The Up/Down/Left/Right Scrolling Platformer

So far I’ve been referring to terms like Platform Game and Side-scrolling Platformer in a similar way, but I’ve been thinking about how different these two terms are, and how this effects what I’m doing.

In my original Synopsis of Study, I stated that I would be making a Side-scrolling Platformer. In its most basic from, this simply refers to a game which is viewed from the side, and generally plays from left-to-right. The reason for its significance in history is due to its impact on the standard “Platform” game.

Donkey Kong is among the original and most notable Platform games. The game was played on one single screen at a time, which would only move onto the next by completion of the level. The game actually only consisted of three levels, which repeated until the player ran out of lives or reached the game’s “kill screen” which ended the game mid-level.

Super Mario Bros transported the hero of Donkey Kong into a much larger world by creating a screen which was simply a view of something much larger. Dedicated technology could process the game’s larger levels by drawing a slither at a time, as the character moved from left to right. Thus the Platformer became the Side-Scrolling Platformer.
Having a game that moved from a starting point to a finishing point meant that the game had a more obvious end, rather than simply repeating screens.


One game that astonished players with its non-linear gameplay was the original Metroid for Nintendo Entertainment System. The beginning of the game acted like a normal side-scrolling platformer, but at times would also allow the player to travel up and down.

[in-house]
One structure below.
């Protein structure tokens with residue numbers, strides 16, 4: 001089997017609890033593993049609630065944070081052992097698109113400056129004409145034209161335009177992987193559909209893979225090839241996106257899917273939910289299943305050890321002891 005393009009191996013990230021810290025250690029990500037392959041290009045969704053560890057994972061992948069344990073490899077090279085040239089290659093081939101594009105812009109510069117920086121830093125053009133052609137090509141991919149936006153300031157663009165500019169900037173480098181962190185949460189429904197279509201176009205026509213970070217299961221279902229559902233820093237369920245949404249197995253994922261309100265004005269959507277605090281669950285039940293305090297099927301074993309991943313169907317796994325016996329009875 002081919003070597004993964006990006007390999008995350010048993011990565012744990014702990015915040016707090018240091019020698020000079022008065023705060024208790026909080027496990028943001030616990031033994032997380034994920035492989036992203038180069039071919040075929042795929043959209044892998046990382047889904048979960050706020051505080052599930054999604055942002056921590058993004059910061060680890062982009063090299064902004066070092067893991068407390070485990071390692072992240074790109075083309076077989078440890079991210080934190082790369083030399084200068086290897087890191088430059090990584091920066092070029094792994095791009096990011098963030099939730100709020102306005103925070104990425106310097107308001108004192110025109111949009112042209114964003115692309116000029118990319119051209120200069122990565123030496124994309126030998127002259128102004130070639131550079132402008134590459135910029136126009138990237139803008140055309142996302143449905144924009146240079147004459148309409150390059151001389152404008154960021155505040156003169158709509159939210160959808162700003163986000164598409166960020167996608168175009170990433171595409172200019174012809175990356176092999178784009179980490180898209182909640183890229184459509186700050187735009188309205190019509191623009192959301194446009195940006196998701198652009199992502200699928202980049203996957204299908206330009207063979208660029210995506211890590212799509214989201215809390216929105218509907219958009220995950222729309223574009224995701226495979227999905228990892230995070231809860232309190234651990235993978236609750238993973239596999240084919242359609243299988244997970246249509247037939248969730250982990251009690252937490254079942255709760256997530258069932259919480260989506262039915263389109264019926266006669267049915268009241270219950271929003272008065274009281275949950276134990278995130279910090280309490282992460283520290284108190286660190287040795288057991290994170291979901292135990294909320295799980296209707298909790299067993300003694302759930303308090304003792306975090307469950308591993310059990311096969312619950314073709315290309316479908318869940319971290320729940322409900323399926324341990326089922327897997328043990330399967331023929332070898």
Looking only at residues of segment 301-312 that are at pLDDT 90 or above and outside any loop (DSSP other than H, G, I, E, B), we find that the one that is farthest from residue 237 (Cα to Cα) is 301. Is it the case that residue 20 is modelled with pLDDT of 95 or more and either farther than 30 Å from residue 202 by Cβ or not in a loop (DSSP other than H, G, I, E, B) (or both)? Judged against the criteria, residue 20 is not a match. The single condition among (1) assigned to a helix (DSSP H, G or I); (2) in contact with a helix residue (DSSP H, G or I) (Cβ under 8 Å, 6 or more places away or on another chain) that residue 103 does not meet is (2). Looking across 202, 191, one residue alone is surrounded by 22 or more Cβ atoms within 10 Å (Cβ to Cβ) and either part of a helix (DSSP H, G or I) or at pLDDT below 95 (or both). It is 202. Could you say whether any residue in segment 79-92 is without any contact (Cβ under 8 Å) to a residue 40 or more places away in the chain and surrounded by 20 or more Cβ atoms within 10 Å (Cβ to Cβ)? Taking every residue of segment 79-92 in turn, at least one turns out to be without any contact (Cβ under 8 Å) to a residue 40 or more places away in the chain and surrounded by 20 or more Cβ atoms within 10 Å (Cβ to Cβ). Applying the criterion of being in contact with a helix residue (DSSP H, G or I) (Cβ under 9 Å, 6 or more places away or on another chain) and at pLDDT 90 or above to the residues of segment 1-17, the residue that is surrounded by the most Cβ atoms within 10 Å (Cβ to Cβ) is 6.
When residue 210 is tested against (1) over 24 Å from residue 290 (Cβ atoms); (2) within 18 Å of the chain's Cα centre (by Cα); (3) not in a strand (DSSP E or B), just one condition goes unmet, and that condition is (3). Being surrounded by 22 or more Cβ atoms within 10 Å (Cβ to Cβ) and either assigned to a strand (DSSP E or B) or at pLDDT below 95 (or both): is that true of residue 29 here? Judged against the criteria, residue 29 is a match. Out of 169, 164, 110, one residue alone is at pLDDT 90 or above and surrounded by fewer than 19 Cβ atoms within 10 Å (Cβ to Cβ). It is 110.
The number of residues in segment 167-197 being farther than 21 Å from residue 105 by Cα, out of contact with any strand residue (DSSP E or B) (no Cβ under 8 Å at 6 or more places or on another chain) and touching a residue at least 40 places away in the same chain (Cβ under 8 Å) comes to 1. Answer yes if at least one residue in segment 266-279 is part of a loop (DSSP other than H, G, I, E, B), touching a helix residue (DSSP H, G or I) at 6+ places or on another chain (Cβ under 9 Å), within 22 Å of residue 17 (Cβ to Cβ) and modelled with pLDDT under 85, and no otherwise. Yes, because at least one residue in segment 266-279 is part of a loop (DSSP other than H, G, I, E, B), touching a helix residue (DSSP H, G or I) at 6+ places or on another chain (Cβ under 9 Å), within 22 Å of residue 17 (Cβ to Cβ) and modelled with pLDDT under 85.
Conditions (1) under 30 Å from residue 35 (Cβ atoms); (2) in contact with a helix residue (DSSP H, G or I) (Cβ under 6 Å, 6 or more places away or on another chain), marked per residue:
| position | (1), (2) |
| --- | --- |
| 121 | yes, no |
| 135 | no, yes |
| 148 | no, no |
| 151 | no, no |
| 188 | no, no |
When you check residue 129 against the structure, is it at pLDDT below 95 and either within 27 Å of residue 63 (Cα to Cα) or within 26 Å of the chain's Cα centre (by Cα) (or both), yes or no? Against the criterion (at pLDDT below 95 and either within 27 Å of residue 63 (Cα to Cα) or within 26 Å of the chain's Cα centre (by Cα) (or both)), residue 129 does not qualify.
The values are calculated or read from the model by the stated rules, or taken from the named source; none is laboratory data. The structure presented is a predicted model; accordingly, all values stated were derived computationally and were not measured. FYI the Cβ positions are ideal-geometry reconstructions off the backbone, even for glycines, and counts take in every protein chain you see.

Here you can see a cross-road where the player has the choice to continue jumping onto the platforms above, or open the door on the right and travel horizontally. The vast map made Metroid one of the first games that a player could get lost in, and part of the challenge of the game was simply to get from start to finish. I am quite ashamed to say that I’ve never finished the original Metroid, partly due to the frustration of being lost!
The vastness of the game can be seen in its map as a whole:

So can you call Metroid a side-scrolling platformer? It’s played from a side-view, but moves in four directions.

Obviously, as technology improved, games were able to draw larger levels and the ability to free-roam 2D levels became more common. A great example of this is the Gourmet Race from Kirby Superstar for SNES. Traditionally, the Kirby games have always been Side-Scrollers, with the occasional ascent and descent here and there. The Gourmet Race demonstrates the progression from side-scroller to free-roam platformer in three levels, and proves how this adds challenge to gameplay. In level one, the object is to move from left to right, but by level three, the player must make swift path choices which could help or hinder them without warning. As the level zig-zags, the player is more disoriented and the end more unpredictable. But as well as getting from start to finish in a limited time, the player must avoid obstacles and collect items, so there’s a lot to concentrate on!

I’ve played this level on Kirby Superstar now several times to work out how to start my level design for Hanami. The pace will be much slower, but in terms of objectives they are quite similar. I want to present the player with options which could end up with positive or negative or simply unpredictable results. Ultimately, the player must reach the end of the level with all items collected. So, in conclusion I don’t think the term Side-scrolling Platformer is really relevant, more of an up/down/left/right scrolling platformer really.

Edit: I found site dedicated to Video Game maps which has a great high-def map of the each of the Gourmet Race stages. You can see the third (and most complicated) stage here.